Masonic Chairs

Masonic Art

Masonic chairs are an art form unto themselves.

Their Masonic symbols go back in time hundreds of years and are part of Masonic history. 

Since Freemasonry is built upon the symbolism of Solomon's Temple on Mount Moriah in Jerusalem, the Master's chair is symbolic of a King's throne.

Throughout history, no matter whether these chairs were roughly hand-whittled from logs and branches or lovingly hand carved by a master craftsman and ornately decorated with gold and filigree, the men who have sat in most of these chairs have been elected to and held the most prestigious position in their lodge,...that of the Worshipful Master.

These Masonic chairs are artfully crafted with symbolry.  They have no ergonomic chair qualities, whatsoever.

These Masonic chairs have no lumbar support, no tilt mechanisms, no levers and most have very little padding. They don't roll on wheels, nor do they have extendable arms, mesh seats or backs to keep you cool.

In fact, rarely will you ever find one which is for sale.

The Master's chair is symbolic of the Master's duties and loyalty to his lodge and its members.

The men who currently sit or previously have sat in these chairs are honorable men who believe in a Supreme Being, universality among men and strive to promote peace and harmony within their lodge and actively support charitable work within their communities.

All of them are hand carved with highly ornate detail work.

Several of the pictures and images, below are courtesy of Trepanier Lodge No. 83, A.F. & A.M. - G.R.B.C. & Y.


If you were looking for information about lodge officer chairs in respect to each lodge officer's duties, here is the page about ascending through the Masonic lodge chairs in the United States.


John Luker Masters Chair

Masonic Chair

The Benjamin Bucktrout Worshipful Master's Chair

The Pre-Revolutionary Masonic Worshipful Master's chair, below was built by cabinet maker, Benjamin Bucktrout of Williamsburg, Virgina between 1766 and 1777.

It is over 200 years old and is made of mahogany with black walnut and has rocaille ornamentation and its original leather seat.

Master's Chair

Before conservation work.

Back of Masonic Chair

Close up of the back of the chair.

Worshipful Masters Chair

After conservation work was completed.

If you would like to learn more about this Benjamin Bucktrout Master's chair, you may find more detailed information about it in the Colonial Williamsburg Collection.

Antique Masonic Chairs

Above, are 3 solid oak, antique Masonic chairs.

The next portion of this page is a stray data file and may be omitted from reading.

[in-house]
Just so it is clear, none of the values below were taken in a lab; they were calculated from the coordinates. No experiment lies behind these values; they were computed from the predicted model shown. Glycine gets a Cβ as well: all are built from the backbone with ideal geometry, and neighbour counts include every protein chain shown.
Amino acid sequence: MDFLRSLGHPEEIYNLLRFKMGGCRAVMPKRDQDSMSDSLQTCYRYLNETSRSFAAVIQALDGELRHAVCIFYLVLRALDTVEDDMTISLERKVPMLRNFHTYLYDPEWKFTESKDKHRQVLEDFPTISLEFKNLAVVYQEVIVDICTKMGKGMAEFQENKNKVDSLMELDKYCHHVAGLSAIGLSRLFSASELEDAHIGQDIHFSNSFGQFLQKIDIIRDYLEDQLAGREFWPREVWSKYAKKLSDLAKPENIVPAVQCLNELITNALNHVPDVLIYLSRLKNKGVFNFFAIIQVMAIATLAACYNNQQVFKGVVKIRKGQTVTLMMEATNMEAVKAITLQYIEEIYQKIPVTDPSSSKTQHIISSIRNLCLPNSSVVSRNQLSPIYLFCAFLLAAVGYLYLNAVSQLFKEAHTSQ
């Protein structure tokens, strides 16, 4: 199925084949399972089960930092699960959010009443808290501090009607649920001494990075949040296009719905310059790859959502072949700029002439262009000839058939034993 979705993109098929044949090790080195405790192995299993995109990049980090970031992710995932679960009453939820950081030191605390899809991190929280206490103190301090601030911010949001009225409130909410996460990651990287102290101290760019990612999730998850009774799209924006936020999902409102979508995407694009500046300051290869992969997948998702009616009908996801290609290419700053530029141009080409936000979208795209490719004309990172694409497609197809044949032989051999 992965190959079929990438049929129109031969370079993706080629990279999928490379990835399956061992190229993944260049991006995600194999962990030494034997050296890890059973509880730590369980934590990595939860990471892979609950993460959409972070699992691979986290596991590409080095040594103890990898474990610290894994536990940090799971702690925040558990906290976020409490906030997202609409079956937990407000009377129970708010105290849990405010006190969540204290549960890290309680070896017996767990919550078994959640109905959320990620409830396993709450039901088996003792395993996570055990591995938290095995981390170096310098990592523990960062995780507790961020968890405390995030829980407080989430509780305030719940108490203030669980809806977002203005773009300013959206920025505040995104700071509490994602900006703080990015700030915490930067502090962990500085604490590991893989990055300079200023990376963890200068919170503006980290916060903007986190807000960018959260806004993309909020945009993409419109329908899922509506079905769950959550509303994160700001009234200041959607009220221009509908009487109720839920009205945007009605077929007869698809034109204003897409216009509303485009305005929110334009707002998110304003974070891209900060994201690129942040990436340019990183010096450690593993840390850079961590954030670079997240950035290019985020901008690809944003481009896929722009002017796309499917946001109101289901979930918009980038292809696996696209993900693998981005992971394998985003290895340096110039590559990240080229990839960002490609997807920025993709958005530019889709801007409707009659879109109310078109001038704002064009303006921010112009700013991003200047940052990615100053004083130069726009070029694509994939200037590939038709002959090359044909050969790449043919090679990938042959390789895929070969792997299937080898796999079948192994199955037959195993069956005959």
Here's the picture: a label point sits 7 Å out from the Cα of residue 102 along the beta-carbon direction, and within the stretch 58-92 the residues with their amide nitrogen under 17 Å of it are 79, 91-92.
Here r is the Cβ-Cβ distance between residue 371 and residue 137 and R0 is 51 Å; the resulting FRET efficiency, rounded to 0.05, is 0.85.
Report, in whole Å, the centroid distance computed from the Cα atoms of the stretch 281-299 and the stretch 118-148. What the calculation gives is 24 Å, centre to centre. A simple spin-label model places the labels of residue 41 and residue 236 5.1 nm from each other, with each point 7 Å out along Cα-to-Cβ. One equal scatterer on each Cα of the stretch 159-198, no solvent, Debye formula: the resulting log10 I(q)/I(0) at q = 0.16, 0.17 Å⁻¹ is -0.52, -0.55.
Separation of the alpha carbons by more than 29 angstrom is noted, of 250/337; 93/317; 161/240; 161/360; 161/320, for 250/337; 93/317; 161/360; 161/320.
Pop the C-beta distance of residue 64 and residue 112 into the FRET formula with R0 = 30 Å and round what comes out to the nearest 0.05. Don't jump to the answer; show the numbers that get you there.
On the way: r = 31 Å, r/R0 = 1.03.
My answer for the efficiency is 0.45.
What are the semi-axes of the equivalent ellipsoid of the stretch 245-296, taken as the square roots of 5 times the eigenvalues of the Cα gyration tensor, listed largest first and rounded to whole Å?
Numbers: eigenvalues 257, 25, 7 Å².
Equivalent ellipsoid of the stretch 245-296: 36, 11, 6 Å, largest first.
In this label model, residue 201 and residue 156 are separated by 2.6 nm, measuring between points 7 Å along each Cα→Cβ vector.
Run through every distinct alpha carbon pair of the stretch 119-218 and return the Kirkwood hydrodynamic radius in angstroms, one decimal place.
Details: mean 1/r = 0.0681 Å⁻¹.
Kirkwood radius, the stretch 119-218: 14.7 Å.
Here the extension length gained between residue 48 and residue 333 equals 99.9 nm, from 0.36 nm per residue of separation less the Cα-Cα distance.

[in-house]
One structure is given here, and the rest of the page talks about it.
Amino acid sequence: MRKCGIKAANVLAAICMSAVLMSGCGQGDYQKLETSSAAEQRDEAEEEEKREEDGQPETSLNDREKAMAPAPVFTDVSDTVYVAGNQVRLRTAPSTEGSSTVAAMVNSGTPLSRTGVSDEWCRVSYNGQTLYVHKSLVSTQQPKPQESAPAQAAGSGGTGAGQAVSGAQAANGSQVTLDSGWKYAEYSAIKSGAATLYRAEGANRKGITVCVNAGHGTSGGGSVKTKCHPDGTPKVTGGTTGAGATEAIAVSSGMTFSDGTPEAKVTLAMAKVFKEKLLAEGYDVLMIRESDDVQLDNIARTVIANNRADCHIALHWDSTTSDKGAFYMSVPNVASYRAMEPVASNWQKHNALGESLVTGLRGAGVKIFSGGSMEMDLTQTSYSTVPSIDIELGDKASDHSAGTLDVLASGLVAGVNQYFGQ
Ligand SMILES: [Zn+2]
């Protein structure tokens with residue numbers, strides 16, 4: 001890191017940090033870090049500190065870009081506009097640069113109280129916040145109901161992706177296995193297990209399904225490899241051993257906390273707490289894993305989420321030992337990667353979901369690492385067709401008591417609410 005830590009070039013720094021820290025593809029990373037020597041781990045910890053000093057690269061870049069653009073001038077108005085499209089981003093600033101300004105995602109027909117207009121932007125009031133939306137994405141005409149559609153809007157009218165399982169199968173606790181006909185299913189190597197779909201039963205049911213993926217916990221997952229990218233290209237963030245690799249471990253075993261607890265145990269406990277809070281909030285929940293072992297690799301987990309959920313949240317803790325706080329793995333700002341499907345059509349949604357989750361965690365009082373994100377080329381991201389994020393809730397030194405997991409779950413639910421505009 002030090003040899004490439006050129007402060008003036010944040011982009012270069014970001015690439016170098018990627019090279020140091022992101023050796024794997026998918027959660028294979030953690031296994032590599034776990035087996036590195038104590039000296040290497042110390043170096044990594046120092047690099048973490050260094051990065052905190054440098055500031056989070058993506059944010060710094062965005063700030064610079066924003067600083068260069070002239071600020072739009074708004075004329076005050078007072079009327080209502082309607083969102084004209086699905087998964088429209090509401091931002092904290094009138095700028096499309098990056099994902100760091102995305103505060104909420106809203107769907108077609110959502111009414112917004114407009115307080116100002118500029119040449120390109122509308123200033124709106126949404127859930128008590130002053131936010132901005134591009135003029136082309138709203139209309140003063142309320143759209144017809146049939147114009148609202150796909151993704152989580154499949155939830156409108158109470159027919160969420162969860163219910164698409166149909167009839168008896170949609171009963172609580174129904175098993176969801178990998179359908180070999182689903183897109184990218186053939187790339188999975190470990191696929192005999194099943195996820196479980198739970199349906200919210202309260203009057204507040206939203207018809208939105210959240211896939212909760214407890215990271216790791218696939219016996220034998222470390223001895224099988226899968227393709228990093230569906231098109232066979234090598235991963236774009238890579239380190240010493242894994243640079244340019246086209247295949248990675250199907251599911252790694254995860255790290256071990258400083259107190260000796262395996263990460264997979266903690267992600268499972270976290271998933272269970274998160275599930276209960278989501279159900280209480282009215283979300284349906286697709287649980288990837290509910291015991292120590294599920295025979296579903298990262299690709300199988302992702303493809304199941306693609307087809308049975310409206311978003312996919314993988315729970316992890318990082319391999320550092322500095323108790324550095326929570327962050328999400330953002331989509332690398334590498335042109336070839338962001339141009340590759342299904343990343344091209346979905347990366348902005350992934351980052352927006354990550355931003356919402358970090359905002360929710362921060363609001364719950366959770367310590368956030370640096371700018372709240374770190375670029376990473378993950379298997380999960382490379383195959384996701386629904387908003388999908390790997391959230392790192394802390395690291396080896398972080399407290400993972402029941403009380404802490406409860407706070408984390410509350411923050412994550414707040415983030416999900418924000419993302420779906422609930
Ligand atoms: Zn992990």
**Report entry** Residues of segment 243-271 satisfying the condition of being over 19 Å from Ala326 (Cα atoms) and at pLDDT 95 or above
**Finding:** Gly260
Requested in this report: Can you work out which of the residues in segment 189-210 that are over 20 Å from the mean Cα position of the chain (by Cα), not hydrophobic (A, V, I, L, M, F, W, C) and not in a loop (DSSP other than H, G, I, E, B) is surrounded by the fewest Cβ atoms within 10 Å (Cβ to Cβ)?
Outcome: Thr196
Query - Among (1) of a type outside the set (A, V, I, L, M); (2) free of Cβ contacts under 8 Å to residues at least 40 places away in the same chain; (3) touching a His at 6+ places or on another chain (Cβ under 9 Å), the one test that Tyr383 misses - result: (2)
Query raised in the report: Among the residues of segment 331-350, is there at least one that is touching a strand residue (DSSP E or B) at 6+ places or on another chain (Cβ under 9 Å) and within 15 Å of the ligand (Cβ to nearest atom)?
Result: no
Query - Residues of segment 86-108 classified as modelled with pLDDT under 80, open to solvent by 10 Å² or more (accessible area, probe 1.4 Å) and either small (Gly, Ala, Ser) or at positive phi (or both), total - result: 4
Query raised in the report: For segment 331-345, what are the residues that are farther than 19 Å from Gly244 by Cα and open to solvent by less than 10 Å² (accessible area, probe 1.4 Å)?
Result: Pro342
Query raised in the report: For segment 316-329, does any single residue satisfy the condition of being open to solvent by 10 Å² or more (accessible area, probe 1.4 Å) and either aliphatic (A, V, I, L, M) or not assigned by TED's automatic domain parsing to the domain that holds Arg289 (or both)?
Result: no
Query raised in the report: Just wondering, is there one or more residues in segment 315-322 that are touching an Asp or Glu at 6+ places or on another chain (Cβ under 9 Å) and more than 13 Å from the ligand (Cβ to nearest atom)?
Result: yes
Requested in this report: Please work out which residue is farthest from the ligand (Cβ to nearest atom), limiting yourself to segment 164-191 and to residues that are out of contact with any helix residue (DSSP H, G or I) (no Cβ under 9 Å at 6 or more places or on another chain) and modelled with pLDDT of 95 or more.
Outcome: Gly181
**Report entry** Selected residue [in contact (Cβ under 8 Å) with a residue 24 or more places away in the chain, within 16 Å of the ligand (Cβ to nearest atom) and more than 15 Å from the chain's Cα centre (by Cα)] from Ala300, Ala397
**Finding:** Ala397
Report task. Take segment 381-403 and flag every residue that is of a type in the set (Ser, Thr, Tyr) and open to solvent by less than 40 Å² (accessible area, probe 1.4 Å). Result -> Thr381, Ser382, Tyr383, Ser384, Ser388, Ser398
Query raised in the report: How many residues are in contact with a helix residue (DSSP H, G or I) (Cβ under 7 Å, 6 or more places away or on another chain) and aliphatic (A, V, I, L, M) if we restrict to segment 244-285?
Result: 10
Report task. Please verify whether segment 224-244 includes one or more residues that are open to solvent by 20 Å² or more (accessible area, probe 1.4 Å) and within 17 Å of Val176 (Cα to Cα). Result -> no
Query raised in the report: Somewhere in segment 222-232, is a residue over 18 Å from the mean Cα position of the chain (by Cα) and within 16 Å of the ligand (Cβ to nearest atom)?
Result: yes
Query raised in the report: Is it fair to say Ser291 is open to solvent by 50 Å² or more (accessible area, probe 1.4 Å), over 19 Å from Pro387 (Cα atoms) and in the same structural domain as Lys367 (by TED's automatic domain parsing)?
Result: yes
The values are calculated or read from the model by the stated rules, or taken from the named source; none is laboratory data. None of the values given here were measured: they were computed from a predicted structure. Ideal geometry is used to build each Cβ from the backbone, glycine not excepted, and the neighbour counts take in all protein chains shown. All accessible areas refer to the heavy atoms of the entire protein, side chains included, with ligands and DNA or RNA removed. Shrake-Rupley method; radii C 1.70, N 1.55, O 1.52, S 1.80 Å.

Drawing of Chair. Notice the different legs.

Bespoke Ceremonial Masonic Chairs

Bespoke chairs are individually crafted for a specific client by master craftsmen.  Americans would call them custom-crafted chairs.  They are unique and one-of-a-kind.

Bespoke Ceremonial Masonic Chairs

In approximately 1791, soon after the Prince of Wales (later called George IV), became the first Royal Grand Master in 1790, a Senior Warden and Junior Warden chair was commissioned to be used in Freemasons' Hall in London.

They are now in the United Grand Lodge of England's Museum.

Original Craftsman

London cabinet maker Robert Kennett was commissioned to create the chairs. It took 3 months to complete the set. (1 matching footstool was also created and still survives)

They display columns, foliage, acanthus leaves and the respective symbols of the Senior and Junior Wardens.

They are duplicates, except that the Senior Warden's chair has Corinthian columns and a level and the Junior Warden's chair has Ionic columns and a plumb. They have deep blue velvet seats and fluted legs which taper down to brass castors.

They are made of limewood which has been gilded.

Chair Restoration

Over the years, the chairs have been repaired many times. They had been re-gilded so many times that their intricate carvings were no longer crisp looking. In 2005 thru 2008, The United Grand Lodge of England commissioned W. Thomas Restorations Limited to restore the chairs.

All the previous layers of gilt were carefully removed, repairs were performed to the limewood carvings and they were then re-gilted using a water gilt rather than an oil gilt.

It took the restoration team 3,375 hours to perform the repairs on these 2 chairs and the Master's throne. They used 190 books of 23-1/2 carat extra thick gold leaf.

Junior Warden's Chair - United Grand Lodge of EnglandJunior Warden's Chair
United Grand Lodge of England
(Ionic columns and the Plumb)
Senior Warden's Chair<br>
United Grand Lodge of England<br>
(Corinthian columns and the Level)Senior Warden's Chair
United Grand Lodge of England
(Corinthian columns and the Level)

The matching Master's chair is on permanent exhibition in the Museum of Freemasonry in London, England. It is, inarguably, the most unique and ornate of all Masonic Masters' chairs in the world.

It is showcased on the U.G.L.E. (the United Grand Lodge of England's) website.

Here is the matching Master's Throne Chair.

If you like Masonic antiquity and history, and you decide to visit the Freemason Museum in London, here is their address.

Freemasons' Hall

 60 Great Queen Street

London WC2B 5AZ  

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